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G7 talks in Germany are 'sign of unity' for Ukraine

May 13, 2022

Food security concerns sparked by Russia's invasion of Ukraine are topping discussions as G7 foreign ministers meet in northern Germany. The talks also aim to support Moldova amid concerns that the conflict could spread.

German Foreign Minister Annalena Baerbock walks alongside Ukraine's Foreign Minister Dmytro Kuleba and Moldova's Foreign Minister Nicu Popescu at a G7 meeting in northern Germany
Germany's Baerbock held talks with Ukraine and Moldova's top diplomats to emphasize the G7's supportImage: Kay Nietfeld/AFP/Getty Images

Meeting under the shadow of Russia's war in Ukraine, foreign ministers from the Group of Seven (G7) industrialized nations kicked off talks on Friday in the northern German resort of Weissenhaus.

The annual meeting, which is set to end on Saturday, comes amid concerns that the war in Ukraine could spill over into neighboring Moldova, and that the blockage of grain exports could cause a food crisis in developing countries.

What have ministers announced?

German Foreign Minister Annalena Baerbock said that this year's gathering was a "powerful sign of unity" for Ukraine — as well as Moldova.

Germany, which holds the G7 presidency this year, is hosting top diplomats from Canada, France, Italy, Japan, the UK and the US, as well as guest attendees Ukrainian Foreign Minister Dmytro Kuleba and Moldovan Foreign Minister Nicu Popescu.

In a statement in the afternoon, Baerbock said that "we're just seeing the tip of the iceberg" in the global food supply crisis, which is likely to worsen in the summer months when temperatures rise. She added that the G7 has a "special responsibility" to help developing nations.

Kuleba expressed his gratitude for the aid Ukraine has received, but urged the G7 to do more.

"Today I asked G7 countries to adopt legislation and put in place all necessary procedures needed to seize Russian sovereign assets and give them to Ukraine to use this money to rebuild our country," Ukraine's top diplomat said.

He also pushed back against skepticism over Ukraine's bid to join the EU, saying "these are arguments based on the fear to make historic decisions."

Also attending the talks is the European Union's top diplomat, Josep Borrell, who announced another boost of military aid to Ukraine at the start of talks on Friday.

The bloc has approved an additional €500 million (roughly $520 million) in funds for Ukraine specifically for "heavy weapons" that are needed "for this type of warfare," Borrell said. The latest announcement brings the EU's total financial aid for Ukraine to €2 billion.

Britain's Foreign Secretary Liz Truss also urged the importance of sending more weapons to Ukraine and increasing pressure on the Russian government.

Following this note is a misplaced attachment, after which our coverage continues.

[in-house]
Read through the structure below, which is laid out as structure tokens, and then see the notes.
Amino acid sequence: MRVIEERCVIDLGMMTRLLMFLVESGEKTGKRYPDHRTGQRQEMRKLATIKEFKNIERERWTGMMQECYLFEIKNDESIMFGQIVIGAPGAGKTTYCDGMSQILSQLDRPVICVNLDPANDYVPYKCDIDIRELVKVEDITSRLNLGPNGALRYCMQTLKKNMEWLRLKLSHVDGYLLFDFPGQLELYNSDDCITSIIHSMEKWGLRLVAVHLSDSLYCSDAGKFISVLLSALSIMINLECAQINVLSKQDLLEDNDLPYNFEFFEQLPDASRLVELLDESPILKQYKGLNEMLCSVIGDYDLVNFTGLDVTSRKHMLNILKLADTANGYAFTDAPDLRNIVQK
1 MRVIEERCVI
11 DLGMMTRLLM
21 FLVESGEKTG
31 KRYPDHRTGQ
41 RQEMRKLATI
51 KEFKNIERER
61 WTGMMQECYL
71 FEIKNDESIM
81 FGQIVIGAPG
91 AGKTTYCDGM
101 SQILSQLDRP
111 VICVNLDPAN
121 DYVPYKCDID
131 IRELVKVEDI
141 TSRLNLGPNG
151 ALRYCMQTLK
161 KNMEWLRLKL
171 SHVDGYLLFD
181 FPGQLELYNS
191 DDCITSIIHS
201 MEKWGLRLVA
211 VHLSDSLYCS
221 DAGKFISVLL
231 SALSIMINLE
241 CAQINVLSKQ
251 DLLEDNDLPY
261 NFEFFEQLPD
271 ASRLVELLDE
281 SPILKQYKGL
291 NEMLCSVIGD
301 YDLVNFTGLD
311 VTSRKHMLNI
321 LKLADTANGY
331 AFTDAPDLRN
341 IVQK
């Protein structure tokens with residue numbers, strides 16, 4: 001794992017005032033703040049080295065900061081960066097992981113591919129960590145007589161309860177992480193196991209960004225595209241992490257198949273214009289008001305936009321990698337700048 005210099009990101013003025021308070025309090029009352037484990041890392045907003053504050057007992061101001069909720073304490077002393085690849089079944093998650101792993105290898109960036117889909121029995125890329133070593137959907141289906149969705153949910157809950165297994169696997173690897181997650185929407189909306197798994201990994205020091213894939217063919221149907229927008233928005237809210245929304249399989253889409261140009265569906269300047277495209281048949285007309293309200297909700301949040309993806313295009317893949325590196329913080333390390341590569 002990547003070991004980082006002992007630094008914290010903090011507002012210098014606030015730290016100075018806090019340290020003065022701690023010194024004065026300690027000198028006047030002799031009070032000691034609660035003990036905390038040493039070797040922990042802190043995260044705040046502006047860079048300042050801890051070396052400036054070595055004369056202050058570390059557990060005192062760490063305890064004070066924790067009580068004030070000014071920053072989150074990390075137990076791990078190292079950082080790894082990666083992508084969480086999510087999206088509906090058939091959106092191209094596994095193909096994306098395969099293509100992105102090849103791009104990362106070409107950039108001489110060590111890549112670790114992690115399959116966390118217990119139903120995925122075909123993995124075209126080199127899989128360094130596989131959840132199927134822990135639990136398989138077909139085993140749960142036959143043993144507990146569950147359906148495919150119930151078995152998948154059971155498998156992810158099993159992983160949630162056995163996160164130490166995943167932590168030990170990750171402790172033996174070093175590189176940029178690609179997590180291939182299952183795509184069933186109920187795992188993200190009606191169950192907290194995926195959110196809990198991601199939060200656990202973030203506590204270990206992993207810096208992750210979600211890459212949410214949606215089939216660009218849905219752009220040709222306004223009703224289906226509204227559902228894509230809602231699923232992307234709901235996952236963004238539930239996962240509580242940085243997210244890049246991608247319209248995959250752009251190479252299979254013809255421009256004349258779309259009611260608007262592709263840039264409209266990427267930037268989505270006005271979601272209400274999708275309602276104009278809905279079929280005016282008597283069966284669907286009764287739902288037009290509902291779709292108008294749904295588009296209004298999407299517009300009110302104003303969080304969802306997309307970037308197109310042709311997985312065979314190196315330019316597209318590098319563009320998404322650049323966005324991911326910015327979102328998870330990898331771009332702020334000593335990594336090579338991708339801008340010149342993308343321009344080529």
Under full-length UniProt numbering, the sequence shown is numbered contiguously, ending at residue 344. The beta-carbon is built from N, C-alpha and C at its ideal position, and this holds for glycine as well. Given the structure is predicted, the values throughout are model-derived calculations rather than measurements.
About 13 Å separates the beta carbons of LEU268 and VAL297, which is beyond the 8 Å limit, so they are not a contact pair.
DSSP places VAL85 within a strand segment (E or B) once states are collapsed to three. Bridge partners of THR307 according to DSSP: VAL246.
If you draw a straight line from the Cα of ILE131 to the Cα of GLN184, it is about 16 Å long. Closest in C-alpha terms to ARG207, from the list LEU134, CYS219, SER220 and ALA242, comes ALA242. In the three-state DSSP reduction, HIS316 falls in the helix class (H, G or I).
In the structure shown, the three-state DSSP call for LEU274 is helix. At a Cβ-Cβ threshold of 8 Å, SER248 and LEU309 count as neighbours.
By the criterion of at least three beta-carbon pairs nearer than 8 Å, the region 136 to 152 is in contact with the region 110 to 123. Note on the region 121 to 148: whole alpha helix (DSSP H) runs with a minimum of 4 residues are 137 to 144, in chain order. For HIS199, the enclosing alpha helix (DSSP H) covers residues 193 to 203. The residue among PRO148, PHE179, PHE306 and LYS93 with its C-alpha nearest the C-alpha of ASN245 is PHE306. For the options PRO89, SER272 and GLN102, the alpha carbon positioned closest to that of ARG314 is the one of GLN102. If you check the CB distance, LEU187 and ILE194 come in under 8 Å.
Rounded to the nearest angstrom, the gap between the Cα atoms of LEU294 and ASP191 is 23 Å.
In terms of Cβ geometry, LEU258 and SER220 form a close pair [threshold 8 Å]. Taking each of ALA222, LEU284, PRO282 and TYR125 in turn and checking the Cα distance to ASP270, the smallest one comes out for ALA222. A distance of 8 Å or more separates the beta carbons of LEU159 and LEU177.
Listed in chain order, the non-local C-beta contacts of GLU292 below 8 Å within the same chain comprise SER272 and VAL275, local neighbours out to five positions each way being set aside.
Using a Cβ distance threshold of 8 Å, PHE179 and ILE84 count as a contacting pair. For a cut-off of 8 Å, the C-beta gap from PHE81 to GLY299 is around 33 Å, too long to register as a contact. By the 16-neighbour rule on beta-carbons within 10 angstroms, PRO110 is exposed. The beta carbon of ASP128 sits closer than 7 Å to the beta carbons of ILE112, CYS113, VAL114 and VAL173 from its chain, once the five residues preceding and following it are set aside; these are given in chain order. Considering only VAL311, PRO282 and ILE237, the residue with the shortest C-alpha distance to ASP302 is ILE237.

"It's very important at this time that we keep up the pressure on Russian President Vladimir Putin by supplying more weapons to Ukraine, by increasing the sanctions," Truss said on the sidelines of the talks.

French Foreign Minister Jean-Yves Le Drian said the ministers were "very strongly united" in their will to "continue in the long term to support" Kyiv until "Ukraine's victory."

The US is being represented in Weissenhaus by Under Secretary of State Victoria Nuland while Antony Blinken recovers from a COVID-19 infection.

What can we expect from the talks?

After a meeting of bilateral talks, the G7 foreign ministers gathered in the afternoon to dive into the impact of Russia's invasion of Ukraine.

Richard Walker, DW's chief international correspondent said that the ministers will try to address a food price crisis exacerbated by millions of tons of grain that are currently blocked in Ukraine's ports. The grain exports are urgently needed in the Middle East and several African countries.

The G7 is "trying to work out logistical solutions to try to get that grain out of Ukraine by other routes — over rail or over road … for instance in Poland," Walker said, speaking from the site of the G7 meeting.

"But there are lots of logistical headaches around that, so it's unclear how much headway will really be made on that," he added.

Russia has blamed international sanctions for the food crisis, while western nations have said Russia's blockade of Ukraine's ports is preventing the train from being sent to other countries.

"We're in a battle of narratives here," Walker said, adding that both sides are "engaging in this narrative battle for hearts and minds, particularly in the developing world."

Both Russia and Ukraine have blamed each other for a lack of progress in talks to find a diplomatic solution to the crisis, although Walker noted that "the benefit of the doubt of the international community is going to be with the Ukrainians."

"It's pretty rich, some might say, for the Russians to invade and then to say to the Ukrainians: 'Why aren't you talking to us?'" Walker said.

Also on the agenda will be the issue of relations with China and its ties with Russia. The foreign minister of Indonesia, which currently holds the rotating chair of the G20 group of industrialized nations, is scheduled to virtually attend meetings later on Friday, when the G7 ministers discuss concerns over Beijing.

rs/rt  (Reuters, AFP, dpa)